Marie Claude Boudreau courtesy

For Marie-Claude Boudreau, Women’s History Month is important to celebrate, not only because of the influential women in her life, but also because of the contributions she hopes to achieve through making the male-dominated field of management information systems more accessible to women. (Photo/courtesy: Marie-Claude Boudreau)

For Marie-Claude Boudreau, Women’s History Month is important to celebrate, not only because of the influential women in her life, but also because of the contributions she hopes to achieve through making the male-dominated field of management information systems more accessible to women.

Boudreau is an associate professor at the University of Georgia and department head of the Department of Management Information Systems in the Terry College of Business. Boudreau said the women who have inspired her are her mother and Ruth Bader Ginsburg.

“Women have achieved so much and these accomplishments should not be overlooked. We should celebrate them, let them inspire us so that we, in turn, can aspire to become agents of change ourselves,” Boudreau said.

The first woman who inspired Boudreau was her mother. Boudreau said her mother inspired her to aim high in life and to stay strong in the face of adversity.

A part of that mantra from her mother seeped into Boudreau’s educational aims.

“As a first-generation college graduate, I know that I owe it all to her respect and deference for learning and education,” Boudreau said.

Boudreau has a doctorate in computer information systems from Georgia State University, a specialized higher education diploma from the Grenoble School of Business in France and a master’s degree from Laval University in Québec, Canada.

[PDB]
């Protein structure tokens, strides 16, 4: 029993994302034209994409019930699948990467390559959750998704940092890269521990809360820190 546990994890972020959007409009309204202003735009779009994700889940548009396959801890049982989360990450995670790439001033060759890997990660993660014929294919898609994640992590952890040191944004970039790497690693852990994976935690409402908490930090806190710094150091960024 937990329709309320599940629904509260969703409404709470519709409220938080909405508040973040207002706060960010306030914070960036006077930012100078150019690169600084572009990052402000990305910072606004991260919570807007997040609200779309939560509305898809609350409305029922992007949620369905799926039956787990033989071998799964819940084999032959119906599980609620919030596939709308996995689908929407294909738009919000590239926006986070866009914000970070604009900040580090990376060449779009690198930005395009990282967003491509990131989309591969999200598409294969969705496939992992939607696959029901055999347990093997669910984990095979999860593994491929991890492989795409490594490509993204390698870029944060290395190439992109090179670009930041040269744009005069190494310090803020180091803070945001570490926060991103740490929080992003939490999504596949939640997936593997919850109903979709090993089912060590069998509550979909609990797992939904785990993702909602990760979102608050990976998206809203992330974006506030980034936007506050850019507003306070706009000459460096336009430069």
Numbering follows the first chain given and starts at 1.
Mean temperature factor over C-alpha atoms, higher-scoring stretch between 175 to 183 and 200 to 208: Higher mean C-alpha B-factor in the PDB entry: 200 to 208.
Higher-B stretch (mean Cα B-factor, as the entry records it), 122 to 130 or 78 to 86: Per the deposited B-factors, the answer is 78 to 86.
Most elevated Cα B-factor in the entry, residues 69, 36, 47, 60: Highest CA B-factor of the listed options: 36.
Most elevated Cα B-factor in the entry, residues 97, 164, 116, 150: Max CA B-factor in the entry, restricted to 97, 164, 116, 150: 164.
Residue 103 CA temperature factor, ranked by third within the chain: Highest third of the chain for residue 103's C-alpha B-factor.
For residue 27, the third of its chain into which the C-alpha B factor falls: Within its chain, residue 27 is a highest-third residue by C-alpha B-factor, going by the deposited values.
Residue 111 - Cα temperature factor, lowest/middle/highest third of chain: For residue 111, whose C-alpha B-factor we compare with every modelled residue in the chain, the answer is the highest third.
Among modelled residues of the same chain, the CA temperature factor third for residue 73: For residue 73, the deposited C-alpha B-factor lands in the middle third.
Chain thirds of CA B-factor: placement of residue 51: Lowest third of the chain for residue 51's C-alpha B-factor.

Ruth Bader Ginsburg, the second woman to serve in the U.S. Supreme Court, also inspires Boudreau.

“I could single out Ruth Bader Ginsberg for giving me rights that I now take for granted,” Boudreau said.

There’s a Ginsburg quote that is especially important to Boudreau.

“[I want to be remembered as] someone who used whatever talent she had to do her work to the very best of her ability. And to help repair tears in her society, to make things a little better through the use of whatever ability she has,” Ginsburg said.

Boudreau said although she may not be able to achieve the level of transformation Ginsburg had, she thinks a life well-lived is one where such goals are kept front and center, which is what she strives to do.

As an educator, Boudreau said she realizes she has the ability to instill confidence in young women who may be hesitant to enter a field that has a predominant male presence. She said this is especially important because more women are needed in the management information systems field.

Boudreau has done just that in her own work in energy informatics, where she has inspired other women to pursue paths “at the crossroad of technology and sustainability,” which is an area which needs the creativity, critical thinking and emotional intelligence of young women, Boudreau said.

But Boudreau says there is still work to be done.

“Violence against women is still a major issue — so are inequalities to education and employment opportunities,” Boudreau said. “Women and men need to work together to rectify the imbalance and bring a stop to abuse in all its forms.”